Thursday, 21 September 2017

Pauline Alice Seda Dress - Take 2

Do you have any fabric that you love, but aren't sure what to do with? The main fabric in this project was a Christmas gift from my sister last year and, while I really like the print, whenever I held it up against myself while pondering what to make, I couldn't shake the feeling that the green and yellow in the print aren't very flattering colours for me. Recently I realised the solution was obvious - sew a Pauline Alice Seda dress with a contrast yoke.

After I'd had the idea, I wanted to get on with the sewing because the fabric had already been in my stash for quite a while by my standards. Thankfully it was easy to find a plain fabric to match the navy in the print, so after a quick trip to a local fabric shop I was ready to go.

I've already sewn one Seda dress this year and I was really happy with how that one turned out, so I did almost exactly the same for this one - with the exception of shortening the sleeves. I'm not sure why exactly, but this fabric just felt as if it should be made into a dress with short sleeves rather than three-quarter. Shortening the sleeves was obviously very easy, and I just used the sleeves from the Emery dress as a guide for the length.

In fact, while I'm calling this dress a Seda dress, it is very much a hybrid with the Emery dress because, like my first Seda, it also uses the skirt from the Emery. While the Seda skirt is also just a simple gathered skirt, the pieces were too wide for my 45" fabric so I couldn't use them. I still think that this is more a Seda dress than an Emery though, because the contrast yoke of the bodice is the distinctive feature of this version (view B) of the Seda pattern, and using the Emery skirt instead doesn't really alter the overall look of the dress.

I think the combination of the floral print with the plain navy yoke is really successful. With the two fabrics combined, the navy in the print is highlighted and the yellow and green which were originally bothering me don't seem as noticeable. Green and yellow are always slightly funny colours for me - I'm a fan of them on paper, but for me to wear them near my face they have to be just the right shade or they end up making me look ill. It's probably more in my head than anything anyone else would notice, but if I'm not happy with something then I won't wear it, and I didn't want that to be the fate of this fabric.

The navy yoke solved the problem in this case though, and I'm really happy with my finished Seda (or mostly Seda!) dress. I'm glad that this fabric has finally been sewn up so it can be worn instead of languishing on the shelf. Now I just need to find solutions for what to do with a couple of other long-term stash residents...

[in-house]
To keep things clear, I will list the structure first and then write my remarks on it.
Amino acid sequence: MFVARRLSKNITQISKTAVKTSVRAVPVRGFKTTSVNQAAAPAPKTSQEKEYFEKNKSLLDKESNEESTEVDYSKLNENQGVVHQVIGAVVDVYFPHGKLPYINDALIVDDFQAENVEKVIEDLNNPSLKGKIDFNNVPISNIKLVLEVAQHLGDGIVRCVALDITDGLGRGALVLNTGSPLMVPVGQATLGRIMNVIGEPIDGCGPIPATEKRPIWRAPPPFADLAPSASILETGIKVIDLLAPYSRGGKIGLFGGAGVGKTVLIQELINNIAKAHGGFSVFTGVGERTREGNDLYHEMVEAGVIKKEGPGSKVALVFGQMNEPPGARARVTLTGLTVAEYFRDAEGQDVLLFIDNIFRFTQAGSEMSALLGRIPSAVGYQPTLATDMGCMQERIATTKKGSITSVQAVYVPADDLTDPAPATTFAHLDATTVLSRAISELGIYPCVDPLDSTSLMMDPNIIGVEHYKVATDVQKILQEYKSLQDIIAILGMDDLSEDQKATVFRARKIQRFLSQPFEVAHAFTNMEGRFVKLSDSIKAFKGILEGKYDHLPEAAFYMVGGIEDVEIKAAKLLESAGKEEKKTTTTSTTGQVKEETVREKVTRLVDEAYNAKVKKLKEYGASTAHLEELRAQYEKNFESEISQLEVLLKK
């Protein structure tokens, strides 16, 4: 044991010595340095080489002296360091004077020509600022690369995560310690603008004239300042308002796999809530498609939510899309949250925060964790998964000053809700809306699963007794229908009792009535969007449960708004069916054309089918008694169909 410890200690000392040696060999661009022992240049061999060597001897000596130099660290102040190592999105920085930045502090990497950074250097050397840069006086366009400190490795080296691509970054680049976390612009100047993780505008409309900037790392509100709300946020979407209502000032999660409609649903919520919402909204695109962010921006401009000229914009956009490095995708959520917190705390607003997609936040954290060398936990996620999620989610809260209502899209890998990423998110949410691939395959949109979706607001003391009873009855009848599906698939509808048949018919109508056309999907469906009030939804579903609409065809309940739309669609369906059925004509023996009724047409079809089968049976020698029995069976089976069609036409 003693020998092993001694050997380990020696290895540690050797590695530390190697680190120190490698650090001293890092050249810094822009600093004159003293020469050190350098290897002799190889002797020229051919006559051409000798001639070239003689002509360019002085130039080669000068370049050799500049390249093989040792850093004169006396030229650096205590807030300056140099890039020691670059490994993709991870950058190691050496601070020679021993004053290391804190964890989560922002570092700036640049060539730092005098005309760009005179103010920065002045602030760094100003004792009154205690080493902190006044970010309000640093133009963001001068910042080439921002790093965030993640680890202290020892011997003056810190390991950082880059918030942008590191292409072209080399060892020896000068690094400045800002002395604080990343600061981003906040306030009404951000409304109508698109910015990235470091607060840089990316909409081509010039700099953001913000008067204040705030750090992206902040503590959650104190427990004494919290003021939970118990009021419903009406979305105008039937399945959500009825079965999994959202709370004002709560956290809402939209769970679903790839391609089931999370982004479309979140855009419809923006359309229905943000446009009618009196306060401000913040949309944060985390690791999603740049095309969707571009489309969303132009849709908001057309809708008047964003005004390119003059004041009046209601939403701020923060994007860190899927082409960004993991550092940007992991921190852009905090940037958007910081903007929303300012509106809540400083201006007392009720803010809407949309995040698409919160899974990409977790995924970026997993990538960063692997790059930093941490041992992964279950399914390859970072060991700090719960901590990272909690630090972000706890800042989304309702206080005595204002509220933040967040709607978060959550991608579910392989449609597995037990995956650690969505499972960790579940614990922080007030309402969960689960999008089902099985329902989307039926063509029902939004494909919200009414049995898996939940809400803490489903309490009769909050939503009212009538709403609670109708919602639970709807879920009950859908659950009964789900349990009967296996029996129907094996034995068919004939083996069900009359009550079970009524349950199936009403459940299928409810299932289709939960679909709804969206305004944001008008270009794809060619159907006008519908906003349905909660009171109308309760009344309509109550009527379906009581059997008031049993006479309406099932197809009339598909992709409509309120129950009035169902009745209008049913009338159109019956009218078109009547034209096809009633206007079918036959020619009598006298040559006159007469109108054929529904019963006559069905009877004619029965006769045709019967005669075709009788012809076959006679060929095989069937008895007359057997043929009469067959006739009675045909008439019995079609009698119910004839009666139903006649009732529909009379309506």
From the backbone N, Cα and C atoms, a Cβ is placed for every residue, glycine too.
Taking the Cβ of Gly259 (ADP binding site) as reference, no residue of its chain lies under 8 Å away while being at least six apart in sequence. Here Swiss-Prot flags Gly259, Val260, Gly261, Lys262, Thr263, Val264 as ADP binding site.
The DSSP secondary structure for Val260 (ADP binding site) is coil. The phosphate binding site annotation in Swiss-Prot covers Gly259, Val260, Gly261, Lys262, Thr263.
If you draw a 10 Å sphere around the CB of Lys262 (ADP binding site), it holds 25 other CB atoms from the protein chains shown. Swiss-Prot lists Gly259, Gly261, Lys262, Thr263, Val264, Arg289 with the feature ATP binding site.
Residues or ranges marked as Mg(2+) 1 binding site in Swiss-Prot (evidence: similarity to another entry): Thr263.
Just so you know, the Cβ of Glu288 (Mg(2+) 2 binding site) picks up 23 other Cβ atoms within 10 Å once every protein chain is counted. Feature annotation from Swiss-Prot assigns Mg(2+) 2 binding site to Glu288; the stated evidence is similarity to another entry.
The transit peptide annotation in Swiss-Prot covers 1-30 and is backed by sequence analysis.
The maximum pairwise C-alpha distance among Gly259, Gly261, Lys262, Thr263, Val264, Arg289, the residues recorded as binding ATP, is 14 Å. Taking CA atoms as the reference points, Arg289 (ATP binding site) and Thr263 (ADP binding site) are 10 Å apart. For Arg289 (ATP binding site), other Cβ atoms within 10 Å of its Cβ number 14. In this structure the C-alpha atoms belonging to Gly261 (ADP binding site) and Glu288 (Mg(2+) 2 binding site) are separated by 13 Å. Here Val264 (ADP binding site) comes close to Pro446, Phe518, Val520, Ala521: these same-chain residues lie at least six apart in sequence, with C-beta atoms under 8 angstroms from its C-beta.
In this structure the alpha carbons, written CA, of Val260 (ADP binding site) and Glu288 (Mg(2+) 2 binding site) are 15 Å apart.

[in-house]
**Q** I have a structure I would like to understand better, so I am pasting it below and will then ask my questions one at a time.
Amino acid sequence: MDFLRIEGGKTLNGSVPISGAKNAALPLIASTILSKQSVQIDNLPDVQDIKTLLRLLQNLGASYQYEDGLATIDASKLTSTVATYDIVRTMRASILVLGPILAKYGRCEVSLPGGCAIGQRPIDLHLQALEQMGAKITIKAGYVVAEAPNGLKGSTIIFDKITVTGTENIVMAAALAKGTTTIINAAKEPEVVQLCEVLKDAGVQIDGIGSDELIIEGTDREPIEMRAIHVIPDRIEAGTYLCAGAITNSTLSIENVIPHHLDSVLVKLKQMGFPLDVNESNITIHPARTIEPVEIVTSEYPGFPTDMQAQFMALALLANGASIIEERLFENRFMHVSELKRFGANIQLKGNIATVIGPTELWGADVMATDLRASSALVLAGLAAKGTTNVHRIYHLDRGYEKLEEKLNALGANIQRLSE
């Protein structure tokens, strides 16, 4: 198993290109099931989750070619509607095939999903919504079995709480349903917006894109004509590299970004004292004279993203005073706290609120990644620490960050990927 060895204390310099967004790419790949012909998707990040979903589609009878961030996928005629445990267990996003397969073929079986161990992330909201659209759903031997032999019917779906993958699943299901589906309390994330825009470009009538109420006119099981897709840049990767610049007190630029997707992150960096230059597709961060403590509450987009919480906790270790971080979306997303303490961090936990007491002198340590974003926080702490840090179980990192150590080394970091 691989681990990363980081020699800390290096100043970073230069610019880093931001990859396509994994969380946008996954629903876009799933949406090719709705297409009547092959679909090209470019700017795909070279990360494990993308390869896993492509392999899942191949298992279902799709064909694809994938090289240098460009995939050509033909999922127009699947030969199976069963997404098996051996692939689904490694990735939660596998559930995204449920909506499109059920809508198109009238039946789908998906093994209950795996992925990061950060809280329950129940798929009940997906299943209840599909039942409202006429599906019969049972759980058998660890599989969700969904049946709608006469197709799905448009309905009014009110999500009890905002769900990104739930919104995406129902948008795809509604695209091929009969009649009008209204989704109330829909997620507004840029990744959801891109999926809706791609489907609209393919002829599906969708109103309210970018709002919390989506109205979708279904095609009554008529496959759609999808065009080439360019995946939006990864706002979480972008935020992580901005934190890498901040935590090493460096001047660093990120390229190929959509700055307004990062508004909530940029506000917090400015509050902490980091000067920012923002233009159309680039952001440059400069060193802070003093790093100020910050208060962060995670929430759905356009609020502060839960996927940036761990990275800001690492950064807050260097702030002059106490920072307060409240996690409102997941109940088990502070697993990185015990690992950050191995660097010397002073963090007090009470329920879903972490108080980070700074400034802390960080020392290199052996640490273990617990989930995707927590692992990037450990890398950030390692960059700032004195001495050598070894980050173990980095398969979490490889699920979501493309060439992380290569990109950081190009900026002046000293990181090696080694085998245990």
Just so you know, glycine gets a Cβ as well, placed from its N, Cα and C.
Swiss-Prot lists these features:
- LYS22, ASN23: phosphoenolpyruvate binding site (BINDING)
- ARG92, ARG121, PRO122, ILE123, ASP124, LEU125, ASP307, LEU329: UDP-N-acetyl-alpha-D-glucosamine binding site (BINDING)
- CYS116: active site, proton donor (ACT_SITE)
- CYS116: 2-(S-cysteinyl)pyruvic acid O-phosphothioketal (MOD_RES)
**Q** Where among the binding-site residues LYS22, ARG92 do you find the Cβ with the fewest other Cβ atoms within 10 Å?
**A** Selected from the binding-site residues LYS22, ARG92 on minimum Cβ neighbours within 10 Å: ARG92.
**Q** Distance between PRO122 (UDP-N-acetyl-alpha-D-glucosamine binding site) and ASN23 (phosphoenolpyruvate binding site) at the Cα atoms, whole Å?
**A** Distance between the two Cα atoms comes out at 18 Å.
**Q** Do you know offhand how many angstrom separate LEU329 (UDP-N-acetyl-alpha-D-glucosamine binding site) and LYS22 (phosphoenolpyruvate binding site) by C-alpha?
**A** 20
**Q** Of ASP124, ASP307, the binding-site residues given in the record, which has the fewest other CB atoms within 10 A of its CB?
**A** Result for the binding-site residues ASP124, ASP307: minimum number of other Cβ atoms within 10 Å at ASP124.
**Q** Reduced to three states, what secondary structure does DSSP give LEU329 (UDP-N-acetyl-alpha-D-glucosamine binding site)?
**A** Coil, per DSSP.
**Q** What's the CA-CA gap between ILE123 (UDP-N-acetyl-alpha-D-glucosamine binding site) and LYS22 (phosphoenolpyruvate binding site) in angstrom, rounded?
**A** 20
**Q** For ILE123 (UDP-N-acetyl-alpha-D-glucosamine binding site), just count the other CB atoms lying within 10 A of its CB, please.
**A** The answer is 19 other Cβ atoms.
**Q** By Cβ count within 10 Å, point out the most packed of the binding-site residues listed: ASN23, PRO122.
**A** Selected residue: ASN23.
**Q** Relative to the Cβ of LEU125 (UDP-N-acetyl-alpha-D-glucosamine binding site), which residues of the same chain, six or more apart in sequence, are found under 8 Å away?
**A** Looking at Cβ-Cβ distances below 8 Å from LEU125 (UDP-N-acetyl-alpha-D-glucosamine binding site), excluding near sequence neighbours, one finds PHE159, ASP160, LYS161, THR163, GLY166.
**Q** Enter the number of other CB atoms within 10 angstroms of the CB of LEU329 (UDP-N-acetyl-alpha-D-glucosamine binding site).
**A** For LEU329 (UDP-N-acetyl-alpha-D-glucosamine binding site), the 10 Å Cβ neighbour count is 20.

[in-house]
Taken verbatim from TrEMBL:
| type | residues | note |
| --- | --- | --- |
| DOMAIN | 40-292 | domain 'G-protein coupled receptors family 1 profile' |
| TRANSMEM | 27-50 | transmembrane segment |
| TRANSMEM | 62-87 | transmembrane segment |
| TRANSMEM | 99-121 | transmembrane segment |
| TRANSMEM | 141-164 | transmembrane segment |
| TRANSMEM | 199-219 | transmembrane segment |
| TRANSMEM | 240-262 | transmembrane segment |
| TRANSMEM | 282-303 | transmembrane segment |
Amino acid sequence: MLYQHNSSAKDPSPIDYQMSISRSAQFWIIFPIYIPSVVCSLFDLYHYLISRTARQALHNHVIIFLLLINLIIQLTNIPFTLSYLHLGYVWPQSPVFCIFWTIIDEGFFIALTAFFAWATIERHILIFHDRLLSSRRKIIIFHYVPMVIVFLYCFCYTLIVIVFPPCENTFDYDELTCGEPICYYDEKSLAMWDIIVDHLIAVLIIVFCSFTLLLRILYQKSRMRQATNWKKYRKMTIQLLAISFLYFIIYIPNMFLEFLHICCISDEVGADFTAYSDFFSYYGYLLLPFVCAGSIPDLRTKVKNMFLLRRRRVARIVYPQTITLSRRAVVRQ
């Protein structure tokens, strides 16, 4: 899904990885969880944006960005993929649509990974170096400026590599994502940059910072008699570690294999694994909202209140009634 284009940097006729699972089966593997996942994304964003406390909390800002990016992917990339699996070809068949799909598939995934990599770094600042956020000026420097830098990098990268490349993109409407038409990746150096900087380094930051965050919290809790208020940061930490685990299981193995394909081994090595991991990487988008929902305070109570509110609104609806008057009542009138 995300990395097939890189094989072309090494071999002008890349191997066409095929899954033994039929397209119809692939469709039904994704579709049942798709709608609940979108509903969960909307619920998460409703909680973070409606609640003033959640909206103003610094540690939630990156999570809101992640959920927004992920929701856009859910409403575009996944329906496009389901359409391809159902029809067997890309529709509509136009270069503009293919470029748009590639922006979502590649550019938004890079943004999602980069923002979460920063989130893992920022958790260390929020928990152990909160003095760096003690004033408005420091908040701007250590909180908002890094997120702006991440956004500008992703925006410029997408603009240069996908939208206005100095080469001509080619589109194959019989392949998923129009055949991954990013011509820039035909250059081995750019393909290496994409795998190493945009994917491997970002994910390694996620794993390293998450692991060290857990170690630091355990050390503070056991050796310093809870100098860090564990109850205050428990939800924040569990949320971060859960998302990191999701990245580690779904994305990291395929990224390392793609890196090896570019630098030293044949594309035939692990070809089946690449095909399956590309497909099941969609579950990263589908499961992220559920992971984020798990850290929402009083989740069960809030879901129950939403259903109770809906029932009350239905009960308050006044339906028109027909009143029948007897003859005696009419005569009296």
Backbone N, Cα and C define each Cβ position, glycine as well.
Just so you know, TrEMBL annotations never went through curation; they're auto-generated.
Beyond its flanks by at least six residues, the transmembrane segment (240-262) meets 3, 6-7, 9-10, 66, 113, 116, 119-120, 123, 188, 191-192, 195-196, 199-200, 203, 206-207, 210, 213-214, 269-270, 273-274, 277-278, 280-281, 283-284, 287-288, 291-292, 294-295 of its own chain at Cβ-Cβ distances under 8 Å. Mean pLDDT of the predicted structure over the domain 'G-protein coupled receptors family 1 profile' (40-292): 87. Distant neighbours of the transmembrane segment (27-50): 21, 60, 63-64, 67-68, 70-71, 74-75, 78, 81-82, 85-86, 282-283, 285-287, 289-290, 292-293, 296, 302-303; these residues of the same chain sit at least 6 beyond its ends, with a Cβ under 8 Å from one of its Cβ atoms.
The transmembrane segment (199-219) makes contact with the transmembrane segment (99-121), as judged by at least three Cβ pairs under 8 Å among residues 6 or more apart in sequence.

Thursday, 7 September 2017

Granny square crochet blanket

This little (well, quite big actually!) crochet project has been a long time in the making. The date on my first work-in progress photo of it tells me that I started it in February 2016. I haven't exactly been working on it flat out, and I know quite a few months went by last year without me picking it up at all, but I decided that finishing it would be one of my #2017makenine projects - and now I can tick it off my list!

This colourful beauty was made using a pattern from the book Granny Squares by Susan Pinner - it's actually the project featured on the cover of the book and is listed as the 'Double-bed or sofa blanket'. Looking back at the book as I write this, I'm cheered by the fact that the intro to the pattern says it "is a big project, one to be picked up and put down often. But by making a few squares at a time you will eventually create a fabulous family heirloom." So that obviously justifies the fact that it took me over 18 months to make this!

The blanket is made up of 196 individual granny squares joined together in 14 x 14 rows, and finished with a border of 3 rounds of granny shells (although I actually did 2 rounds in the dark blue rather than 1, so I have 4 in total). The squares aren't the traditional granny square, but instead have colourful circular centres which are turned into squares in the white outer round.

The book gives instructions for making the blanket up either using the join as you go method or sewing the squares together. I chose (without much hesitation) to use the join as you go method; I've got a pile of granny squares sitting in a drawer somewhere which are testament to the fact that I get bored of a blanket if it's sitting in piles of squares rather than looking like a blanket. And why spend the time sewing squares together if you can join them as you go? I made up batches of 14 squares at a time and then joined them on to the blanket so that it gradually grew as the months went by.